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What I Heard From Kentuckians During Field Hearing In Coal Country


Location: Washington, DC

I was disappointed but not surprised that the Environmental Protection Agency (EPA) once again showed it cares little for the opinions of eastern Kentuckians. Recently, the EPA proposed new job-killing regulations and scheduled "listening sessions" to receive public input. But they scheduled them only in cities far away from coal country--cities including New York, Boston, Seattle, and San Francisco. Clearly, the EPA did not want real input.

So I held my own listening session in Pikeville to put a human face on the suffering that is being felt there due in large part to this president's War on Coal. We heard from those in the coal industry, miners and their families, and local elected officials.

One man who spoke was Howard Abshire, a former production foreman and a fourth-generation coal miner. He is one of many miners laid off for lack of work. During the listening session, Howard held up a piece of coal to show us what's at stake. "This is coal," he stated. "This keeps the lights on. We're hurting. We need help. We don't want to be bailed out. We want to work."

I heard from Jimmy Rose, a veteran and former coal miner. Jimmy was perhaps the most famous attendee at the listening session because he brought attention to the War on Coal to a national television audience on "America's Got Talent." His song "Coal Keeps the Lights On" spoke directly to the hardship in his community largely caused by the War on Coal.

Addressing the Obama administration, Jimmy said: "Look at what you're doing, and who you're affecting…Coal mining is a way of life, just like I say in the song. Don't kill our way of life. I hope one day I can always say coal kept the lights on."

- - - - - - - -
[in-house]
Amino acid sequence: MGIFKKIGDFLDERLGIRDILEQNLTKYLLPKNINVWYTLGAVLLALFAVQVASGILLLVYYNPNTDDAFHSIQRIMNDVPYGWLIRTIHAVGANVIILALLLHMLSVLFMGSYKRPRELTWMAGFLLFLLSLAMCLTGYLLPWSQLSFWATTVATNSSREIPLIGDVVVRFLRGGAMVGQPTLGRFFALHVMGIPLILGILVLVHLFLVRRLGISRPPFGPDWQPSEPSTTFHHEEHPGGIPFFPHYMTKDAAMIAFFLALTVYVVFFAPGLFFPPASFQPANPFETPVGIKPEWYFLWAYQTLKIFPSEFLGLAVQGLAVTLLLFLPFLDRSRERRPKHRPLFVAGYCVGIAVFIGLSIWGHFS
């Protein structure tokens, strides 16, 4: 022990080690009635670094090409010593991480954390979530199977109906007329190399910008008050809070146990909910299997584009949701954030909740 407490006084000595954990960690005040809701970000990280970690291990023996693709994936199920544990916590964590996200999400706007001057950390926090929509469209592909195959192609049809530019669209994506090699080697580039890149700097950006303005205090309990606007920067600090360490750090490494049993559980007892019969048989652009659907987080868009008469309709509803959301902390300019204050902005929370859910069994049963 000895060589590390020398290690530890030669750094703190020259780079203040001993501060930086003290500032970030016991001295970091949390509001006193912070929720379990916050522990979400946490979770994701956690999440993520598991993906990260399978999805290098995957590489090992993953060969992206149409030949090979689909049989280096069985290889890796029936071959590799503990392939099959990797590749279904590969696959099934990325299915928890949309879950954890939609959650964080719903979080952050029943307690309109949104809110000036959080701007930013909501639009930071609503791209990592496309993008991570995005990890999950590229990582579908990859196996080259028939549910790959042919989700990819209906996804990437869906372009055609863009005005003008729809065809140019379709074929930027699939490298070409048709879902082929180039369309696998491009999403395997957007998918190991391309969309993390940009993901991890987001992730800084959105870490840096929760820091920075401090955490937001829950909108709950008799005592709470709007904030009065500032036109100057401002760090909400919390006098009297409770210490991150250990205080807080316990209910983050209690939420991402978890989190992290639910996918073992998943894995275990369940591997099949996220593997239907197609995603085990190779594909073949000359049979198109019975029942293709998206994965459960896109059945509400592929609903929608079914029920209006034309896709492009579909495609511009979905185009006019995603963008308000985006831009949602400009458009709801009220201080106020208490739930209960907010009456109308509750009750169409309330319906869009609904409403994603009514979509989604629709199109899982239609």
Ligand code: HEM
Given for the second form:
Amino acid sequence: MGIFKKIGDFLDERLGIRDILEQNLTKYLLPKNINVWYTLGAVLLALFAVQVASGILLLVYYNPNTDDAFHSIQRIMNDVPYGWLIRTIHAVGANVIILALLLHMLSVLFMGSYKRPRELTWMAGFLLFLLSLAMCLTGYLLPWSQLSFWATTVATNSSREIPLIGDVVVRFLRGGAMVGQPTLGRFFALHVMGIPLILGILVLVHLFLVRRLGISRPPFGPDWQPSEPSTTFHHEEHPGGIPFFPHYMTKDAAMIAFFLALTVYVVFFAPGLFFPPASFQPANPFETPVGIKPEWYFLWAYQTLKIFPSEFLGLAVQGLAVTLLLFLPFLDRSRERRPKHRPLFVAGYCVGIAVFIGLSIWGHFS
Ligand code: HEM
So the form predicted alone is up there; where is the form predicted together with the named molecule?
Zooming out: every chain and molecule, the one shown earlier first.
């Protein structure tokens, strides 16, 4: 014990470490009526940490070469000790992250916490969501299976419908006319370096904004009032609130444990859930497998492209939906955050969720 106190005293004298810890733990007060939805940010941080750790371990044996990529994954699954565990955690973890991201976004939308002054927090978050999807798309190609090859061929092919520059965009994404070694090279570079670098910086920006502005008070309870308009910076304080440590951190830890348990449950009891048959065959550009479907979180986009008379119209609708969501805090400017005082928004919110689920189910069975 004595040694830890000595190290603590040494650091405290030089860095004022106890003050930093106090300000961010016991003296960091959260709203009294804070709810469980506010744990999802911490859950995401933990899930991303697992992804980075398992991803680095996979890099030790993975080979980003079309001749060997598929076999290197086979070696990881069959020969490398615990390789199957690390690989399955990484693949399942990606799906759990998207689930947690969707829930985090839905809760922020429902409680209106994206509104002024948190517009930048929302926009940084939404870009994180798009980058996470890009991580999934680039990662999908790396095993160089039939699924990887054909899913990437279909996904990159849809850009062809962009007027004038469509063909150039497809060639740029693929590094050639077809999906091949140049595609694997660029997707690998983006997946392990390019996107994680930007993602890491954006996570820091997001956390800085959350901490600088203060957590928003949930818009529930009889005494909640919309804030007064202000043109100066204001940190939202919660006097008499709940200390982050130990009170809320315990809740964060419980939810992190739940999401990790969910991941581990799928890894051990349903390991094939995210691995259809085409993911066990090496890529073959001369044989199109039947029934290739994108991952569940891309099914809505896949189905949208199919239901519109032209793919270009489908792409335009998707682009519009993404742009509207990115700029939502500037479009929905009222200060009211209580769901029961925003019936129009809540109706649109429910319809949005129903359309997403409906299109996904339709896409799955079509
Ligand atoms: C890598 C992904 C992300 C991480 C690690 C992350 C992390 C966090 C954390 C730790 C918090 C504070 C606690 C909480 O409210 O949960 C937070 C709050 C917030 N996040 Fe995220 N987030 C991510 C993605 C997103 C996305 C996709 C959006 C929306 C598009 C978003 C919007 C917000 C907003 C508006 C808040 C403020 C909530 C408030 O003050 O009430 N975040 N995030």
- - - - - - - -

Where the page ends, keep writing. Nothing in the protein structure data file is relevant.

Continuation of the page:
I also heard from Anita Miller, a manager of safety for Apollo Fuels in Middlesboro. She's worked in the industry for more than 15 years. She told me: "My son walked earlier than my daughter…every time she would try to stand up, he would either knock her down, or put his hand on her head so she couldn't stand. This is what is happening to the coal industry."

"My wish is that the people who are trying so hard to destroy the coal industry would just…think about the hot showers they take, the lights they turn on, and that first hot cup of coffee in the morning, and remember that it came from electricity powered by coal," she added.

I couldn't agree more.

The impression one gets from the EPA is that the ideologues in the Obama administration view families from coal country as a mere speed bump on their way to some coal-free fantasyland. Apparently, the Obama administration's professed concern about struggling families does not apply to "fly-over territory," and certainly not to those in Appalachia. That is precisely why I held the listening session in Pikeville--to ensure that we in the Commonwealth have a voice in decisions that profoundly affect our lives.

And that is why I delivered the concerns of my constituents directly to the EPA this week. The main message conveyed to the EPA was that the people of Kentucky will not be silenced. We demand to be heard. We also say loud and clear: the War of Coal is not over, not by a long shot. This president will be gone in three years, and the coal will still be in the ground. The people of the region are resilient, and we will keep fighting.

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